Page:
Matthew A. Rozell books in order
Matthew Rozell is an American award-winning history teacher, blogger, speaker and author of historical fiction and non-fiction books.
Born and raised in Hudson Falls, New York, he acquired a BA and a MS from The State University of New York College at Geneseo.
Rozell then went on to become a teacher, just like his father, albeit at his former high school.
For three decades, Rozell taught every subject in the Social Studies department, none more so than the history of World War II. He also ran summer archaeology field courses at the colonial frontier sites he had discovered along the Hudson, and designed an oral history program at the high school that ultimately inspired his series, The Things Our Fathers Saw.
The recipient of the New York State Education Department's Yavner Teaching Award for Distinguished Contributions to Teaching the Holocaust and Human Rights, Rozell has been featured as the ABC World News ‘Person of the Week’, with his work filmed for CBS News, NBC Learn, the Israeli Broadcast Authority, and many more.
He continues to write novels since retiring from his teaching job in 2017.
- A Train Near Magdeburg: A Teacher's Journey into the Holocaust, and the reuniting of the survivors and liberators, 70 years on (2016)
The Things Our Fathers Saw
- Voices of the Pacific Theater (2015)
- The War In The Air (2017)
- The War In The Air Book Two (2017)
- Up the Bloody Boot-The War in Italy (2018)
- D-Day and Beyond (2019)
- The Bulge and Beyond (2020)
- Across the Rhine (2021)
Detailed book overview
What do you do if you are a reluctant soldier, having been shot at, seen your friends killed, and can no longer even remember what your own mother looks like?
As a combat soldier fighting your way across Europe, what is the plan when you come across a Holocaust train full of suffering humanity that shocks you to your core, even after you think you have seen it all? And what happens when you get to meet the survivors face to face, two generations later?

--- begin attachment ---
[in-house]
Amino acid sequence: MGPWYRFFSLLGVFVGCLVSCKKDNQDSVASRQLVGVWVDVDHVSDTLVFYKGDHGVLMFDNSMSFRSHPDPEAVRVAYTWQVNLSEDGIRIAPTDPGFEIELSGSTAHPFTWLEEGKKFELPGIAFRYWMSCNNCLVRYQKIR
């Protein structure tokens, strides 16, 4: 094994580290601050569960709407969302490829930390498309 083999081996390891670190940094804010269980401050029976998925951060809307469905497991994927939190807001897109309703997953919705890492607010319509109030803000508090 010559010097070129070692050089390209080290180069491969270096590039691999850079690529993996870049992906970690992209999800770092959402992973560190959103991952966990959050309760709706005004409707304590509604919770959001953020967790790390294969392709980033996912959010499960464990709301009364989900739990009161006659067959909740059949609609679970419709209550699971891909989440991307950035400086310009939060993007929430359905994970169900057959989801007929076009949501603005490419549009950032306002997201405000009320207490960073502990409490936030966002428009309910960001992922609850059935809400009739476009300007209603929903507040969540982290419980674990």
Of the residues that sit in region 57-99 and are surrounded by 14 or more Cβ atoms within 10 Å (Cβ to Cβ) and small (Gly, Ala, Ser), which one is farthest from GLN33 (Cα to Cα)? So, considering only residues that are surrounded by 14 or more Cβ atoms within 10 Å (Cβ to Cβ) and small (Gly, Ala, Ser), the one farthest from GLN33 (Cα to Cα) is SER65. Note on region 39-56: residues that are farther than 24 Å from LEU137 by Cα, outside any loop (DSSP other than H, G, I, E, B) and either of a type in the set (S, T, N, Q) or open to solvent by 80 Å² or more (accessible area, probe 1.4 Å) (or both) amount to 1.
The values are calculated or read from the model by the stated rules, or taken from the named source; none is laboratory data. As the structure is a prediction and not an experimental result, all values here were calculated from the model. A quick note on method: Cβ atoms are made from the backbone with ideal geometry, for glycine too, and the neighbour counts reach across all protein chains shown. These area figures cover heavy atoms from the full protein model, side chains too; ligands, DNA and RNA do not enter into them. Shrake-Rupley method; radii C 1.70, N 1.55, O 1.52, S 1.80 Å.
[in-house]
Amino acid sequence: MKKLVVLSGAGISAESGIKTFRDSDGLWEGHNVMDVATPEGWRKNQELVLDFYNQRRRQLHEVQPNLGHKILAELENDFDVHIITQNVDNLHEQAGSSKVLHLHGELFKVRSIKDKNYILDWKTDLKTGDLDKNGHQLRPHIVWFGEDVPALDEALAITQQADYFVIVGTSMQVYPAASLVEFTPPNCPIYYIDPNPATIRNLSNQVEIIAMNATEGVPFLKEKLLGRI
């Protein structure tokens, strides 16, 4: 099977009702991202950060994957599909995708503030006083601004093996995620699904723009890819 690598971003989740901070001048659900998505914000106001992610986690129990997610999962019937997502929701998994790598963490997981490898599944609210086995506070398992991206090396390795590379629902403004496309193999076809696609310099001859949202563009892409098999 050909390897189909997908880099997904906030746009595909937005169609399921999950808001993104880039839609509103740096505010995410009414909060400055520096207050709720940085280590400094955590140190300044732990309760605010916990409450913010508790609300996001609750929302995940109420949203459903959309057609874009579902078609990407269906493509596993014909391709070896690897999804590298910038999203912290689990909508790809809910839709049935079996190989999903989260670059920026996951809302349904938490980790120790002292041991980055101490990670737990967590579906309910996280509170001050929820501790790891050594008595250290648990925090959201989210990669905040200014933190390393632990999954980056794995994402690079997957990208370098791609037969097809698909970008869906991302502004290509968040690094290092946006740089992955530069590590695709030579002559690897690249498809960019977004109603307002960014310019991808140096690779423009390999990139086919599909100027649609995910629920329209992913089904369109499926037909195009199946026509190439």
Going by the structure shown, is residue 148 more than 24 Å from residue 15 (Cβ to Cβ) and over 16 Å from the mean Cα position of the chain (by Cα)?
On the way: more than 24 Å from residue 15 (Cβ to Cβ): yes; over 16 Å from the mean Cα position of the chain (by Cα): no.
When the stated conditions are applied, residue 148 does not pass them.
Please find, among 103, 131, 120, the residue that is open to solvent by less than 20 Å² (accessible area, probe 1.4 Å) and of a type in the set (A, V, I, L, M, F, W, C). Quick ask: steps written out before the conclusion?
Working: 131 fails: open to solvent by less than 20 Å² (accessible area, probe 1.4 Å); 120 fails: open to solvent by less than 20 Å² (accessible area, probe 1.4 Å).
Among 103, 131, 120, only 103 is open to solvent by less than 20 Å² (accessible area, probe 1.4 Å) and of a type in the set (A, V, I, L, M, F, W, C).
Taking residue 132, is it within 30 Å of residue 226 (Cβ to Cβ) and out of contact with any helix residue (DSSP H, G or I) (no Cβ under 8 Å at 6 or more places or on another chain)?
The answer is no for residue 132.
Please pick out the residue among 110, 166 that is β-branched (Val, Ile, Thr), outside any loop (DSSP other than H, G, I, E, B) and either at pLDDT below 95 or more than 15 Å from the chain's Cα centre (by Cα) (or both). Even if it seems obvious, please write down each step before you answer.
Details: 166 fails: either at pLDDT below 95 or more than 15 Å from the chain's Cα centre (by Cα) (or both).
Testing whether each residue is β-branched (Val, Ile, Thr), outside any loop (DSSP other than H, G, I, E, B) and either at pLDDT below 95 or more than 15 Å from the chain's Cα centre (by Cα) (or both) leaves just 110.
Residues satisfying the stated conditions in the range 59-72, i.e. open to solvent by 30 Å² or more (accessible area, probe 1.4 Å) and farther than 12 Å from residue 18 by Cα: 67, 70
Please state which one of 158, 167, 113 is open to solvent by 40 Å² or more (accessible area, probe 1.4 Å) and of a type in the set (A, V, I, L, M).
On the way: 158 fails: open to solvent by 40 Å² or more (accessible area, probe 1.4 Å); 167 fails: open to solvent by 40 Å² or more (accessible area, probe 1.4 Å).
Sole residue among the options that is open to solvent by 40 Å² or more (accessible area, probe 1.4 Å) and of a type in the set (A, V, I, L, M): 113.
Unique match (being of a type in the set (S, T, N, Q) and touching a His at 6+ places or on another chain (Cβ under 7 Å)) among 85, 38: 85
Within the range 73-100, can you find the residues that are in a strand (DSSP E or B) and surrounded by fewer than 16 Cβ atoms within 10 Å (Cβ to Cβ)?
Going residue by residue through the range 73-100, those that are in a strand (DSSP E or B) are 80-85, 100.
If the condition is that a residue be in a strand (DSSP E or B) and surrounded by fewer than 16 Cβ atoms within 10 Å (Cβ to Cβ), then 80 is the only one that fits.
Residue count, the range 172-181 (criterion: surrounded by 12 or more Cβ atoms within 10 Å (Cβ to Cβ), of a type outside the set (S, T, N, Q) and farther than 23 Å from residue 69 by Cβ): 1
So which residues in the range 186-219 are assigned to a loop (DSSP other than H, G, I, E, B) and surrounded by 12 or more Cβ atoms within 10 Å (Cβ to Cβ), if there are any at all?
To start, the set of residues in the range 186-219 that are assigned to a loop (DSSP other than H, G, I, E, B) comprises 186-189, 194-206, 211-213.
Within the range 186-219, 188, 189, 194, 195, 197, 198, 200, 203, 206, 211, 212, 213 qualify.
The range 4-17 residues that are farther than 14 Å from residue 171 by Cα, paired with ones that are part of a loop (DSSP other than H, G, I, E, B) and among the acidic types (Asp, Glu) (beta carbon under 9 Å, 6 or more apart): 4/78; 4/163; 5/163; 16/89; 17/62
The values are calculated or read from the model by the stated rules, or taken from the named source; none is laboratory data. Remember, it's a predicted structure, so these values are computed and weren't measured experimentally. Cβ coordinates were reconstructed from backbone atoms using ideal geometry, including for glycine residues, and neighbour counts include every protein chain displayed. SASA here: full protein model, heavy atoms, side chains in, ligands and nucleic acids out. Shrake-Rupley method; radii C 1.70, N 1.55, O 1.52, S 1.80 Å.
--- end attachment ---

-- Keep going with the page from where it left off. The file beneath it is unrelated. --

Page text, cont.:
This is not a novel. It's not 'based on a true story.' It really happened, and I am a witness. You will be, too...
The Things Our Fathers Saw
The telephone rings on the hospital floor, and they tell you it is your mother, the phone call you have been dreading. You’ve lost part of your face to a Japanese sniper on Okinawa, and after many surgeries, the doctor has finally told you that at 19, you will never see again. The pain and shock is one thing. But now you have to tell her, from 5000 miles away.
HOW DO YOU THINK YOU FEEL when you wake up in a hospital and find out you killed your own mother?
JUST WHAT DO YOU DO in that moment when your plane’s been hit, and you are about to crash far from home? Dying for freedom isn’t the worst that could happen. Being forgotten is.
Maybe our veterans did not volunteer to tell us their stories; perhaps we were too busy with our own lives to ask. But they opened up to a younger generation, when a history teacher taught his students to engage.
WHAT DO YOU FILL YOUR POCKETS WITH when you’re rousted awake in the middle of a freezing German night to be death-marched across Germany?
WHEN YOUR BUDDY STAGGERS AND FALLS by the side of the road, and no longer even knows who you are, do you keep moving to keep yourself alive?